Could dolphins, evolved in a tooless soup, imagine inanimate objects having names?
Herzing swims with her right arm stretched out in front of her, pointing at a red scarf she has pulled out of her swimsuit. She repeatedly presses the button for “scarf” on the CHAT box. It’s a rolling chirp that dips low and ends high, lasting about a second. One of the dolphins swims over, grabs the piece of fabric, and moves it back and forth from its rostrum to its pectoral fin. The scarf ends up hanging from the dolphin’s tail as she dives down to the bottom of the ocean.
I’m in the water with Herzing, trailing a few feet behind her with a graduate student who’s recording the encounter using an underwater camera. I keep waiting for one of the dolphins to take off with the scarf, but neither of them does. They seem to want to engage us, however tentatively. They pass the scarf back and forth, circle around us, disappear with it, and then offer it back to Herzing. She grabs it and tucks it back into her swimsuit and then pulls out a piece of seaweed. Nereide swoops down to grab it between her teeth and starts to swim off. Herzing takes off after her, pressing the CHAT box’s sargassum whistle again and again, as if desperately asking for it back. But the dolphins just ignore her.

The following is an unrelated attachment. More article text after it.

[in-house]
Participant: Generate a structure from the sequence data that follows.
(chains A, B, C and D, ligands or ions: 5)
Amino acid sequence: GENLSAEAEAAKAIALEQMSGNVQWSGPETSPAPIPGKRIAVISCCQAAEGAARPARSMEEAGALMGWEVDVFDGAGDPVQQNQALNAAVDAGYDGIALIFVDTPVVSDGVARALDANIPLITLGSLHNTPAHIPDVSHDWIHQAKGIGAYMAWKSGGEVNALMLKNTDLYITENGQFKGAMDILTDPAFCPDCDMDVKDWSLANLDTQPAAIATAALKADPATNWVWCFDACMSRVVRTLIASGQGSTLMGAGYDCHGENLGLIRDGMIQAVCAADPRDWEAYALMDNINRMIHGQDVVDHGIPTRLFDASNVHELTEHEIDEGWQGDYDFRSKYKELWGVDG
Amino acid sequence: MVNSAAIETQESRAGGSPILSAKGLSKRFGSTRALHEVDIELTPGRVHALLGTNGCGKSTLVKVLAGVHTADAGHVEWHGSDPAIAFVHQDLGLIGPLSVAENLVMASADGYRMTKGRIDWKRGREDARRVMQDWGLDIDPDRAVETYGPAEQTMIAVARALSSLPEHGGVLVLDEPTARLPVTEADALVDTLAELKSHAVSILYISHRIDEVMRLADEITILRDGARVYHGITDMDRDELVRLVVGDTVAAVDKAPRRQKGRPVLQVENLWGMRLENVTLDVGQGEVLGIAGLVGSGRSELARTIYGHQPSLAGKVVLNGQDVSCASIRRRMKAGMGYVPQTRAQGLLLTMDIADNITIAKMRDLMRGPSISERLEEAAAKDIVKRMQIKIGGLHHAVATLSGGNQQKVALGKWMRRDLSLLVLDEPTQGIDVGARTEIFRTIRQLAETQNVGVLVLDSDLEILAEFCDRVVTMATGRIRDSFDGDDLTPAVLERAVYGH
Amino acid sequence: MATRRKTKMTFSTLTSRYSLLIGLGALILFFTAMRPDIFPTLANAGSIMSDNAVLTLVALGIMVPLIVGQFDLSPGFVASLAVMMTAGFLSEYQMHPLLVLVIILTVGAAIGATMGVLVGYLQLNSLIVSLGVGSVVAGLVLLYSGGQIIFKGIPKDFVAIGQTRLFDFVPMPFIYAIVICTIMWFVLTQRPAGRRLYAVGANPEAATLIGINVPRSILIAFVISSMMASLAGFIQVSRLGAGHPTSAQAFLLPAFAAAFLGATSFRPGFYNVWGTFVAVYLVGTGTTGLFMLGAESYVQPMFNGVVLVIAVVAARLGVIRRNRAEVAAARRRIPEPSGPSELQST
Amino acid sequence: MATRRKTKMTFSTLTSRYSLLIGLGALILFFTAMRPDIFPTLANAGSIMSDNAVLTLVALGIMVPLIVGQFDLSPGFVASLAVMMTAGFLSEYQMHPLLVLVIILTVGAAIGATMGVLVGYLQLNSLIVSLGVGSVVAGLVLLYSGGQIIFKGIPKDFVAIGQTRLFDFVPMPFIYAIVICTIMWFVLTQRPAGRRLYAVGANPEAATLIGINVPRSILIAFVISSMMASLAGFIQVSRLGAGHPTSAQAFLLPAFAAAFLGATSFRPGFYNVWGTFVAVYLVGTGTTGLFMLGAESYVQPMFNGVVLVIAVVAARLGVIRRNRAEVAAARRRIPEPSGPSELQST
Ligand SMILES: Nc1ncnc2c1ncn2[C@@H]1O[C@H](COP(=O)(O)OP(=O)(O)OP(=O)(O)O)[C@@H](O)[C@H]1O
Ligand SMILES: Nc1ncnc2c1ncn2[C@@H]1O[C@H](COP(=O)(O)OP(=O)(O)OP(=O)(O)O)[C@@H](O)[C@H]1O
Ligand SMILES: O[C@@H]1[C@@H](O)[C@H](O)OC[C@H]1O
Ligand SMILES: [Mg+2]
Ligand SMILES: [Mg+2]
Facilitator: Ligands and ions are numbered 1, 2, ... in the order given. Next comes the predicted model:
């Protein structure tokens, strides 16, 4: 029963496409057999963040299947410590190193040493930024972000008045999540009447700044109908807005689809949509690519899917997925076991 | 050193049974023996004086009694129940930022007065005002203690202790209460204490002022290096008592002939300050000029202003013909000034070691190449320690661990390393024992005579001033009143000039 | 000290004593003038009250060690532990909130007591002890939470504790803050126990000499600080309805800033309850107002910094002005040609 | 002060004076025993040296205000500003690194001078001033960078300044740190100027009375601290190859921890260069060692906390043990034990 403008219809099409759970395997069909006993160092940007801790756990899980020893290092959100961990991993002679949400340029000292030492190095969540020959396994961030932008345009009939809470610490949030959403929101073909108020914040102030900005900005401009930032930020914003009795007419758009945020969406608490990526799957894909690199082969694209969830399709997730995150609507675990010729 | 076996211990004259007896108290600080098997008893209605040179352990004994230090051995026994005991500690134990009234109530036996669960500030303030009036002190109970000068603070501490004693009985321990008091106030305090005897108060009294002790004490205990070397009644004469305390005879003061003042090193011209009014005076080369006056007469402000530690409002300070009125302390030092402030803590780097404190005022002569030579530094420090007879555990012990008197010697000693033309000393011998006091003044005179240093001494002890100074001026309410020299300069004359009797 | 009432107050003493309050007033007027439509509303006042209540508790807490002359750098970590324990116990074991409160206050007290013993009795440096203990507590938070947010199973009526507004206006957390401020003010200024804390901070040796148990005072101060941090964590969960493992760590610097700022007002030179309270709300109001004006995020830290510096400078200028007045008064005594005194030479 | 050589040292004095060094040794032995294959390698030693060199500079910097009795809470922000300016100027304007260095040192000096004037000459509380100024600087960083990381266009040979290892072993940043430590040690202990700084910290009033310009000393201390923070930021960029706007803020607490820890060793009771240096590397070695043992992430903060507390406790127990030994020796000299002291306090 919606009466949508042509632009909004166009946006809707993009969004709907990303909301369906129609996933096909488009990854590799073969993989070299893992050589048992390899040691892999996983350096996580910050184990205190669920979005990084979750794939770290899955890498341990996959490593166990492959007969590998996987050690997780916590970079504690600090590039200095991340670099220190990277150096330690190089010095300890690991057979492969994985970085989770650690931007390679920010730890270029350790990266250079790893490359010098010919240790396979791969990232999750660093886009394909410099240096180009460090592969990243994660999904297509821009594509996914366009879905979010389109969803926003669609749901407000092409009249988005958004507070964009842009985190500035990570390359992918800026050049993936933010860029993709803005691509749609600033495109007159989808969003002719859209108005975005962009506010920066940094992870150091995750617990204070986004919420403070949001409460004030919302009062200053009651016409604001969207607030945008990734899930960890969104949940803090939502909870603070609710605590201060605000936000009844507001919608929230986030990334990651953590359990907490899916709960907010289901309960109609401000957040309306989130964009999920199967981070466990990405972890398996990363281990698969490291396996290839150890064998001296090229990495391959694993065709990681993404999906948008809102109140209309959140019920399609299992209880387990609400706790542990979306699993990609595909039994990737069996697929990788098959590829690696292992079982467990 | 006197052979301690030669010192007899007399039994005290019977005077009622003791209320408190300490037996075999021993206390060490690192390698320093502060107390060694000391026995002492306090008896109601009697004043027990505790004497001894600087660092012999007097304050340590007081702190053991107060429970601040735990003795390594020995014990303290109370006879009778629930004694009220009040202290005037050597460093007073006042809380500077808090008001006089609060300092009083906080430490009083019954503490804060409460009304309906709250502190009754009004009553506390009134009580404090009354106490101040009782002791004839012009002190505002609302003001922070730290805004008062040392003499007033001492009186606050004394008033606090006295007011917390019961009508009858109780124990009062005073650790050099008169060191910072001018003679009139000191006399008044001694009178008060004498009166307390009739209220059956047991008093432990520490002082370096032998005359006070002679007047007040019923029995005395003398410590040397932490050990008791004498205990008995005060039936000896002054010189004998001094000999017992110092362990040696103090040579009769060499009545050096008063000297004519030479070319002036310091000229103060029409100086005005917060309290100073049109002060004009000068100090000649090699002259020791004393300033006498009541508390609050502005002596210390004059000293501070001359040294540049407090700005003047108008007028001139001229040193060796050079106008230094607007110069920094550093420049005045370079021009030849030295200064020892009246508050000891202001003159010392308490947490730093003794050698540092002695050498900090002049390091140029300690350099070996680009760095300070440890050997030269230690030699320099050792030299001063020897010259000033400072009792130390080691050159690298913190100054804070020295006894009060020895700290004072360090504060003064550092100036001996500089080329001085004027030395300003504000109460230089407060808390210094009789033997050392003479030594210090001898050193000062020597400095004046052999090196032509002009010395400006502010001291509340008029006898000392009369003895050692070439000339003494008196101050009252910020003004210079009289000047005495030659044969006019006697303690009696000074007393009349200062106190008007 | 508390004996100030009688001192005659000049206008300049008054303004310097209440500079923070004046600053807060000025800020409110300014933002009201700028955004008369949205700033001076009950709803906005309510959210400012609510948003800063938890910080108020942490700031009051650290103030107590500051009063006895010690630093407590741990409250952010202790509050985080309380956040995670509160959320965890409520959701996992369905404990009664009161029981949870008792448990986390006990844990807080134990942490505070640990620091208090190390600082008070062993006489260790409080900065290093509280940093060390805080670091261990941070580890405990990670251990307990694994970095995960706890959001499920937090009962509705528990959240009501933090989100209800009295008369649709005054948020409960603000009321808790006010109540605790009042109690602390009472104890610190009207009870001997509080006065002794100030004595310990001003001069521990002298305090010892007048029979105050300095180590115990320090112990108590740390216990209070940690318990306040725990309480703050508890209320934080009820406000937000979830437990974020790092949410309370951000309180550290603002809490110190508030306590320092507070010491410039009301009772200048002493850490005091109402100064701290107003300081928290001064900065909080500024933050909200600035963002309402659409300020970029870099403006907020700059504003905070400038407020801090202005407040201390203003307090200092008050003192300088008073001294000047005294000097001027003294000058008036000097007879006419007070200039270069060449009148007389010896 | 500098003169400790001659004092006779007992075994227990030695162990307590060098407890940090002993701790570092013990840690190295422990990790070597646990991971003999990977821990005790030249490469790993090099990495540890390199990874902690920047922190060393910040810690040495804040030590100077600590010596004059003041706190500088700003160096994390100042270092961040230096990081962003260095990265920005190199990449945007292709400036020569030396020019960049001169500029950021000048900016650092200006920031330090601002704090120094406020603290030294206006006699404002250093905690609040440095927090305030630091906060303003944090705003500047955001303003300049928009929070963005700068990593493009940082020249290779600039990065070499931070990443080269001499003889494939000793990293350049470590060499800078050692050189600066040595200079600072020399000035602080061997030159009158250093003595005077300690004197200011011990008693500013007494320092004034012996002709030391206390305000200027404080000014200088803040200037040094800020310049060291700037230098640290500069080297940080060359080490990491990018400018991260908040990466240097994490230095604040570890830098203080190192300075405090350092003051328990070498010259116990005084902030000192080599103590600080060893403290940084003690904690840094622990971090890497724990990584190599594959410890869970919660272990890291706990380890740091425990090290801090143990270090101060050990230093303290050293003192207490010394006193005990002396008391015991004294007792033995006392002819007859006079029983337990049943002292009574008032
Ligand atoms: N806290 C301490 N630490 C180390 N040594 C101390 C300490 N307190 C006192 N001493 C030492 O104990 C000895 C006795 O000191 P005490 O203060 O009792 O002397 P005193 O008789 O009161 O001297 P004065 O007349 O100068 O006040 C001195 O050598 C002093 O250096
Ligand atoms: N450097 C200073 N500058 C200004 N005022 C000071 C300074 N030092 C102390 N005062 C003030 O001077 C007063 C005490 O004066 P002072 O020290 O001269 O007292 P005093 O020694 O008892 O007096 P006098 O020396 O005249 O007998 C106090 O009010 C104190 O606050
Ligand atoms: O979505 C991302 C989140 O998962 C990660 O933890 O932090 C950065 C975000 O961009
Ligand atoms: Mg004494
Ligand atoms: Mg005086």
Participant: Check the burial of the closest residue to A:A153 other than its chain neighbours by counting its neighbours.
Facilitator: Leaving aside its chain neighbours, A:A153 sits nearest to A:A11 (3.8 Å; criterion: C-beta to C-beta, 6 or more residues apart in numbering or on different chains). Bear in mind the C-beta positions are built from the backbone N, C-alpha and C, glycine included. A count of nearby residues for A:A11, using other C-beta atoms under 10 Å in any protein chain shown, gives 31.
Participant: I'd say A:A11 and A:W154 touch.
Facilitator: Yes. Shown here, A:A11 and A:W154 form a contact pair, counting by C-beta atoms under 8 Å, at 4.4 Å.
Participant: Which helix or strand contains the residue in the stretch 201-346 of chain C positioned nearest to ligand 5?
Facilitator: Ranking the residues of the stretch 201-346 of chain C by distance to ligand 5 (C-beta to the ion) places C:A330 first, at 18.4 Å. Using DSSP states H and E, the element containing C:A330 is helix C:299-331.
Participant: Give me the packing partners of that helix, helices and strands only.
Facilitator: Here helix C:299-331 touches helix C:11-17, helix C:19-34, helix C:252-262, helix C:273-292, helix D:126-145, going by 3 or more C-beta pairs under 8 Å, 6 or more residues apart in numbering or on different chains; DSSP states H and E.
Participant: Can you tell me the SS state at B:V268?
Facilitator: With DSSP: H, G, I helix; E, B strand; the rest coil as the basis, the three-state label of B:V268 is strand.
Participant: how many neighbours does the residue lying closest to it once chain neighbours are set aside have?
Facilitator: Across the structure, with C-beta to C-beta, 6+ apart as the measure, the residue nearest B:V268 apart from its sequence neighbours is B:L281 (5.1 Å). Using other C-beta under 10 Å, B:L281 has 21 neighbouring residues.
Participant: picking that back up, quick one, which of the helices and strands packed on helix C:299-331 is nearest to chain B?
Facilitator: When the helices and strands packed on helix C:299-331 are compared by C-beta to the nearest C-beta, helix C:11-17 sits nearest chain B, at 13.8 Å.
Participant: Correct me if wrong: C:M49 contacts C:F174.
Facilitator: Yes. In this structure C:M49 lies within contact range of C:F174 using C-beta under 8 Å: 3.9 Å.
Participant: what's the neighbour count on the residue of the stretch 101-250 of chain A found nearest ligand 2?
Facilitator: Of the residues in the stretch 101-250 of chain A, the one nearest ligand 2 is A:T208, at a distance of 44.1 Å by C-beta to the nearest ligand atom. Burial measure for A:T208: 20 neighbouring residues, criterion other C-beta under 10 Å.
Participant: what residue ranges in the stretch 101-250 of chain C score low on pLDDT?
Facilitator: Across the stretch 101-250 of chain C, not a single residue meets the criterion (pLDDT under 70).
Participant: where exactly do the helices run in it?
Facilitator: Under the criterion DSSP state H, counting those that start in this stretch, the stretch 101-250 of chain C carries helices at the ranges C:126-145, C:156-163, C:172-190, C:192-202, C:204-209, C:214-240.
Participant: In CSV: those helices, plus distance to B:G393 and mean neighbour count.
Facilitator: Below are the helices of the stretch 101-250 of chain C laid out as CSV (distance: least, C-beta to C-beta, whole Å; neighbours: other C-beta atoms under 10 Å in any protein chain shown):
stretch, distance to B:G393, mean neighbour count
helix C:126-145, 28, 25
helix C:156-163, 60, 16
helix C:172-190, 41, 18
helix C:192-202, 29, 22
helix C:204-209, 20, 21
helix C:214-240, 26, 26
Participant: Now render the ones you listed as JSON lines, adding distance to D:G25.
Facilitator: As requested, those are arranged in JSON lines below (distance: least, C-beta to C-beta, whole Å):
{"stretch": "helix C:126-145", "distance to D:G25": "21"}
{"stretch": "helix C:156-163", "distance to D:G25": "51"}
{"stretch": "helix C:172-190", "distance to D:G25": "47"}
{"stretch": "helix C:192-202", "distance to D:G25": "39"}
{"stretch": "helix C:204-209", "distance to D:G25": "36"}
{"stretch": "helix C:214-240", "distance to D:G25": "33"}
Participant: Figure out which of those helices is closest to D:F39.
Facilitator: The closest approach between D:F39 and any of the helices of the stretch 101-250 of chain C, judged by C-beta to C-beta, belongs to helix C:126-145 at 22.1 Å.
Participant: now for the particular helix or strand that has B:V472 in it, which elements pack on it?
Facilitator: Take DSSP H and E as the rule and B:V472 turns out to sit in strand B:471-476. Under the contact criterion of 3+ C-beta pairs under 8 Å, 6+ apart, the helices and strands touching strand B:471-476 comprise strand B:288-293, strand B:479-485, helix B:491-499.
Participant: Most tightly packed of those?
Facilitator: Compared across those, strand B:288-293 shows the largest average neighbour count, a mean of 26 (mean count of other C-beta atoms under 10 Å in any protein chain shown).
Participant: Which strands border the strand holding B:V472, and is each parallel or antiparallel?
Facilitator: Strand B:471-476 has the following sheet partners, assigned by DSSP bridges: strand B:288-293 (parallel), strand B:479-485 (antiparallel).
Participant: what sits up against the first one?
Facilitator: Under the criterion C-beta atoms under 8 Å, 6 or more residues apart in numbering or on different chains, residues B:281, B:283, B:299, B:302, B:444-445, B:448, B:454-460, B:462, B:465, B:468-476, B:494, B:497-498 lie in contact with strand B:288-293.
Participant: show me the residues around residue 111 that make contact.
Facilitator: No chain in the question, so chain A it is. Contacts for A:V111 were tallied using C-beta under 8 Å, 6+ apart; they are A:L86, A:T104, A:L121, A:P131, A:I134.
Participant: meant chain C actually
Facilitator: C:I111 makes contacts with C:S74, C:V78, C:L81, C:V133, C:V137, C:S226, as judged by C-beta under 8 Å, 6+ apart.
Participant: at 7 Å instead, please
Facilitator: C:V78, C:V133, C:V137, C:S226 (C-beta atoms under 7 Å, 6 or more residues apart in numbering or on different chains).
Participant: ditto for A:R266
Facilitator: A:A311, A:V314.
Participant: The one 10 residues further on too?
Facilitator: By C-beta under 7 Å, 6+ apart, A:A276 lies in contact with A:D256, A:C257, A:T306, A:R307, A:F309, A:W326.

“It’s not inconceivable that if the dolphins understand that we’re trying to use symbols, that they would try to show us something,” Herzing says later, back on board the Stenella. “Or imagine if they started using our word for sargassum amongst themselves.”